2 Answers | Add Yours
Act I scene ii shows us the strained relationship between the two, demonstrating the tension that has hovered over their marriage for the seven months since Elizabeth discovered the affair between John and Abigail. As Elizabeth prepares his dinner, John tells of his trip into Salem to investigate the happenings concerning Ruth and Betty. He lets it slip that he was speaking to Abigail alone when she told him what they had been doing in the woods. Elizabeth begins to question him and he flares out, showing his frustration at her constant suspicion and at the little effect his attempts to fix their marriage seem to be having. This scene also shows how Elizabeth is a mild-mannered, timid woman as well as how John has a quick temper and guilt over the situation he knows he caused.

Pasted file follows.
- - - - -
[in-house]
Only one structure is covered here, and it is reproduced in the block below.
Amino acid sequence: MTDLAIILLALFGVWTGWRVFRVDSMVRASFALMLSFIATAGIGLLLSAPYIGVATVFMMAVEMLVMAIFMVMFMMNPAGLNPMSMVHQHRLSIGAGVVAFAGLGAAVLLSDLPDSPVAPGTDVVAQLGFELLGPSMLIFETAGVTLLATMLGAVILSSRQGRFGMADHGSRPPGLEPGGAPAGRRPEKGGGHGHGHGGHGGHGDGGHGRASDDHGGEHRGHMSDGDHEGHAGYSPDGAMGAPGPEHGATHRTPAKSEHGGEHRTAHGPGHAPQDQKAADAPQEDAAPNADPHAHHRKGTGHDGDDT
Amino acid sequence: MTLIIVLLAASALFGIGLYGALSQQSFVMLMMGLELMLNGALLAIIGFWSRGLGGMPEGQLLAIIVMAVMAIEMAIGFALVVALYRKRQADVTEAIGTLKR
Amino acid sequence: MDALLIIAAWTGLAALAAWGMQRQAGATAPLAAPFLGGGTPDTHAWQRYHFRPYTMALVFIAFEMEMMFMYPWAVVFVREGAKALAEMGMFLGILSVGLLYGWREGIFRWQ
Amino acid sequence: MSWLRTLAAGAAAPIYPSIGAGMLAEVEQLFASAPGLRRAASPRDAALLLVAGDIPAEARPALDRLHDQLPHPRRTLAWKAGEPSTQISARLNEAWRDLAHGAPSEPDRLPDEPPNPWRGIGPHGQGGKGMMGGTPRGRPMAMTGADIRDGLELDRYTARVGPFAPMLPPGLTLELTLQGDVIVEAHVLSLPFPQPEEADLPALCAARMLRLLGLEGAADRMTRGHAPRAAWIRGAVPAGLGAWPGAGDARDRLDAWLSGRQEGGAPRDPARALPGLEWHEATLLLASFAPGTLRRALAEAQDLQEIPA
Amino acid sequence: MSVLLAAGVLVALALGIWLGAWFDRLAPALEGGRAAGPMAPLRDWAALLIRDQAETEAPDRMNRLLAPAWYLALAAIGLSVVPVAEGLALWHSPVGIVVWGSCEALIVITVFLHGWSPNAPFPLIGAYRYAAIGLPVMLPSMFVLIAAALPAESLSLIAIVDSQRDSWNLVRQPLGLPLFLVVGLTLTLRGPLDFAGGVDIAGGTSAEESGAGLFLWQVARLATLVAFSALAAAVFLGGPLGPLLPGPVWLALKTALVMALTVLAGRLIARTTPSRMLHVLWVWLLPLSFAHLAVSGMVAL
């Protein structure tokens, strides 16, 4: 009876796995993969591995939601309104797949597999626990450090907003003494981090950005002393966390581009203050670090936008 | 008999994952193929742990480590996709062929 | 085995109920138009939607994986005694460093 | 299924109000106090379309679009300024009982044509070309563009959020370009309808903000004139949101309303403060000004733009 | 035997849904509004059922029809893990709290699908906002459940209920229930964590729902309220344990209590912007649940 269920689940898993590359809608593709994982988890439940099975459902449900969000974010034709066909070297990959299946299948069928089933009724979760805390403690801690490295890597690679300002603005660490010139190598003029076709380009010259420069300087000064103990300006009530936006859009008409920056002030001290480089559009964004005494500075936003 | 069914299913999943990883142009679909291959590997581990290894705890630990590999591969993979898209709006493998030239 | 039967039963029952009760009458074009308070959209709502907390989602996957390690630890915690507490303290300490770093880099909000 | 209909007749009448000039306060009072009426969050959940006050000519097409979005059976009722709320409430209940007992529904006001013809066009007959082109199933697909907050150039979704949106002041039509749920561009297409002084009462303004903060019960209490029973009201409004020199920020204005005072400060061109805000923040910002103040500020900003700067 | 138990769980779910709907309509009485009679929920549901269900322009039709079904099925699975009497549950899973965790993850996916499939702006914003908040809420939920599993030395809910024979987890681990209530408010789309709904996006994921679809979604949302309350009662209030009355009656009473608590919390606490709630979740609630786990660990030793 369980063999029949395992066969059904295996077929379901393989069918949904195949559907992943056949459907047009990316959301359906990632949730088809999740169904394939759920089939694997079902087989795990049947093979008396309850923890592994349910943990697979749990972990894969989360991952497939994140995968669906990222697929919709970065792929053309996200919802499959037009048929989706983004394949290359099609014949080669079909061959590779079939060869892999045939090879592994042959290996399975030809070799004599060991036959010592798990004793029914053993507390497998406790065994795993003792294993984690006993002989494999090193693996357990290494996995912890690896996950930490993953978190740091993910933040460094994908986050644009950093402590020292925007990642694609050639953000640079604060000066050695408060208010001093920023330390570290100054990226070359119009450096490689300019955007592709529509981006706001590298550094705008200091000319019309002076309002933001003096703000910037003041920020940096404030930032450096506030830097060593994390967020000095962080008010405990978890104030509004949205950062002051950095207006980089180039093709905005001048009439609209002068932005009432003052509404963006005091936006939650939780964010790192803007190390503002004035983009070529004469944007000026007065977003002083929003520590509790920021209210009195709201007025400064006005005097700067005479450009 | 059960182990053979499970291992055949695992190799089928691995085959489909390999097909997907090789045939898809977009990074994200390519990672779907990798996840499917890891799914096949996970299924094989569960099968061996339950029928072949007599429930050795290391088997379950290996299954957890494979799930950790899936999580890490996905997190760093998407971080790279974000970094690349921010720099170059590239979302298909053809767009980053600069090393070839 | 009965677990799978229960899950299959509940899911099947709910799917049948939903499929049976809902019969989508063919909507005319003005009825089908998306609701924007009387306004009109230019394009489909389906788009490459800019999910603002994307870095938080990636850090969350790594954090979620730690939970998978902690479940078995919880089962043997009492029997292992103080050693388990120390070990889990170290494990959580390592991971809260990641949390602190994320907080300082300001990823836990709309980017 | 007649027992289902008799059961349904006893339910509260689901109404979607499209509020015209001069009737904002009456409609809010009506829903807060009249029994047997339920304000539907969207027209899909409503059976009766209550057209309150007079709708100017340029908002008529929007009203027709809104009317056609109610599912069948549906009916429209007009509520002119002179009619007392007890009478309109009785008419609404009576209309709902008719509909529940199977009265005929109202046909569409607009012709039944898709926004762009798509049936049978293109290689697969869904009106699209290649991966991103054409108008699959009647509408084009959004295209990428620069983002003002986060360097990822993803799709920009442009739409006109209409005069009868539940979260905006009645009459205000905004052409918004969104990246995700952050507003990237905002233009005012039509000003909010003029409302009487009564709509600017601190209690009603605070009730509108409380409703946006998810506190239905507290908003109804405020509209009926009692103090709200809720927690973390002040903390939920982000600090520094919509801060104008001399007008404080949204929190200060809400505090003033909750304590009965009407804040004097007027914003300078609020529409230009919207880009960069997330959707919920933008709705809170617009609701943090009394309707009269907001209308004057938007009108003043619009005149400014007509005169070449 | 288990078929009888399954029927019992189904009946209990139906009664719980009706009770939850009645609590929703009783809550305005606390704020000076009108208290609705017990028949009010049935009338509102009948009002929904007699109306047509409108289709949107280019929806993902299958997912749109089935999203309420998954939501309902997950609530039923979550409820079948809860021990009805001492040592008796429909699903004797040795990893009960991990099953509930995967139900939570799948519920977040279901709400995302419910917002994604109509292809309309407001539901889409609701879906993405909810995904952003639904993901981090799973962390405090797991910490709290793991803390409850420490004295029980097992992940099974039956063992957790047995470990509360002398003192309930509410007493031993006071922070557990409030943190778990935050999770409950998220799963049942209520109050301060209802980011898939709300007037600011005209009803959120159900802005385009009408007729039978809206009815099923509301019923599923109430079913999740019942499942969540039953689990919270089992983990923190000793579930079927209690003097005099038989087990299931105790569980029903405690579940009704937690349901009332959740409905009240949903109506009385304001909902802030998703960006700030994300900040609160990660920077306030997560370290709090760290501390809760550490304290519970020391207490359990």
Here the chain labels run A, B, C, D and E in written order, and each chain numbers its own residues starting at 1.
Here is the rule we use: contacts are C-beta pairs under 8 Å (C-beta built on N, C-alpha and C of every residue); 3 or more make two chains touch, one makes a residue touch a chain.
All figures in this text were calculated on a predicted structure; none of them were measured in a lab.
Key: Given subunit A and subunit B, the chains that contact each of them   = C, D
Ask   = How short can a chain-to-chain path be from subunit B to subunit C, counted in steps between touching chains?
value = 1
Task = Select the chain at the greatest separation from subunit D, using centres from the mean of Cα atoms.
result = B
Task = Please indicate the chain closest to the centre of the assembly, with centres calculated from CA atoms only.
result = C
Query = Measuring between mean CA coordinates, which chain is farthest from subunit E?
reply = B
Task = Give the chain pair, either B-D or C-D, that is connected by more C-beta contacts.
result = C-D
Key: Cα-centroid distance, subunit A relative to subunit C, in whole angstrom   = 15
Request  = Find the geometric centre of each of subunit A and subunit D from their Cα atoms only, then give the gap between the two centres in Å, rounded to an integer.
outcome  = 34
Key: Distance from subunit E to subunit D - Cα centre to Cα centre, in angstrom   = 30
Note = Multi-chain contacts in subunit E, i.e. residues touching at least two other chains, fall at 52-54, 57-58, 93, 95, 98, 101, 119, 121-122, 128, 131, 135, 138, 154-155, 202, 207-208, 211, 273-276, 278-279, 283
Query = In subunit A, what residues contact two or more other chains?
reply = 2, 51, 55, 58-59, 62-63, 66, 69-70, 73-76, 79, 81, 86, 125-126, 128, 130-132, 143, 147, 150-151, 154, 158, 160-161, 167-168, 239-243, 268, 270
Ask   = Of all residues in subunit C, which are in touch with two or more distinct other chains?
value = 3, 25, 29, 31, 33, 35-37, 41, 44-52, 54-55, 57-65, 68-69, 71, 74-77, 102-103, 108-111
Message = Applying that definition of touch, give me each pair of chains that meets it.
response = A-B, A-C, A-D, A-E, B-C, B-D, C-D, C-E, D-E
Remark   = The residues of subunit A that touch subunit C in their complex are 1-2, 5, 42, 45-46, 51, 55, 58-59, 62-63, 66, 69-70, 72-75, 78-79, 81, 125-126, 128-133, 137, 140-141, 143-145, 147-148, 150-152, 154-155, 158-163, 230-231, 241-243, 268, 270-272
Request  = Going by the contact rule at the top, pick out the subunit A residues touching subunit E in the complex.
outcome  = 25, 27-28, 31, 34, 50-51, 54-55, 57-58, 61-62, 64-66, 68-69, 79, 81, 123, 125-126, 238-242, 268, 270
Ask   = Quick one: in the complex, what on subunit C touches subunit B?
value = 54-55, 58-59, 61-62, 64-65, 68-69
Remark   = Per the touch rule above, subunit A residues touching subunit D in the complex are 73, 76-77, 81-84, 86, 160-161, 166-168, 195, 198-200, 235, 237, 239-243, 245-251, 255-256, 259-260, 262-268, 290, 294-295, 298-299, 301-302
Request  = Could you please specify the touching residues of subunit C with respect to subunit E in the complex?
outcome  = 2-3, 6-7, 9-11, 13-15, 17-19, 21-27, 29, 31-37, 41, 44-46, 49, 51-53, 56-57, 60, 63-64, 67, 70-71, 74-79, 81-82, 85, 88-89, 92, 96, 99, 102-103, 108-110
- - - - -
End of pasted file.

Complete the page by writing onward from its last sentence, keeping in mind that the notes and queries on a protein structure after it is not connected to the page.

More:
If you are referring to the final scene in the play when the officials ask Elizabeth to plead with John for his confession, then this scene's significance is much different. Here, we see Elizabeth fully open her heart and person to her husband, as she states "It needs a cold wife to prompt lechery", blaming herself for his affair, and then "John, I counted myself so plain, so poorly made, no honest love could come to me! Suspicion kissed you when I did; I never knew how I should say my love. It were a cold house I kept!" Elizabeth cannot ask for his confession, knowing he is a good person and must trust his choice.
i dont know this answer myself.!
We’ve answered 319,195 questions. We can answer yours, too.Ask a question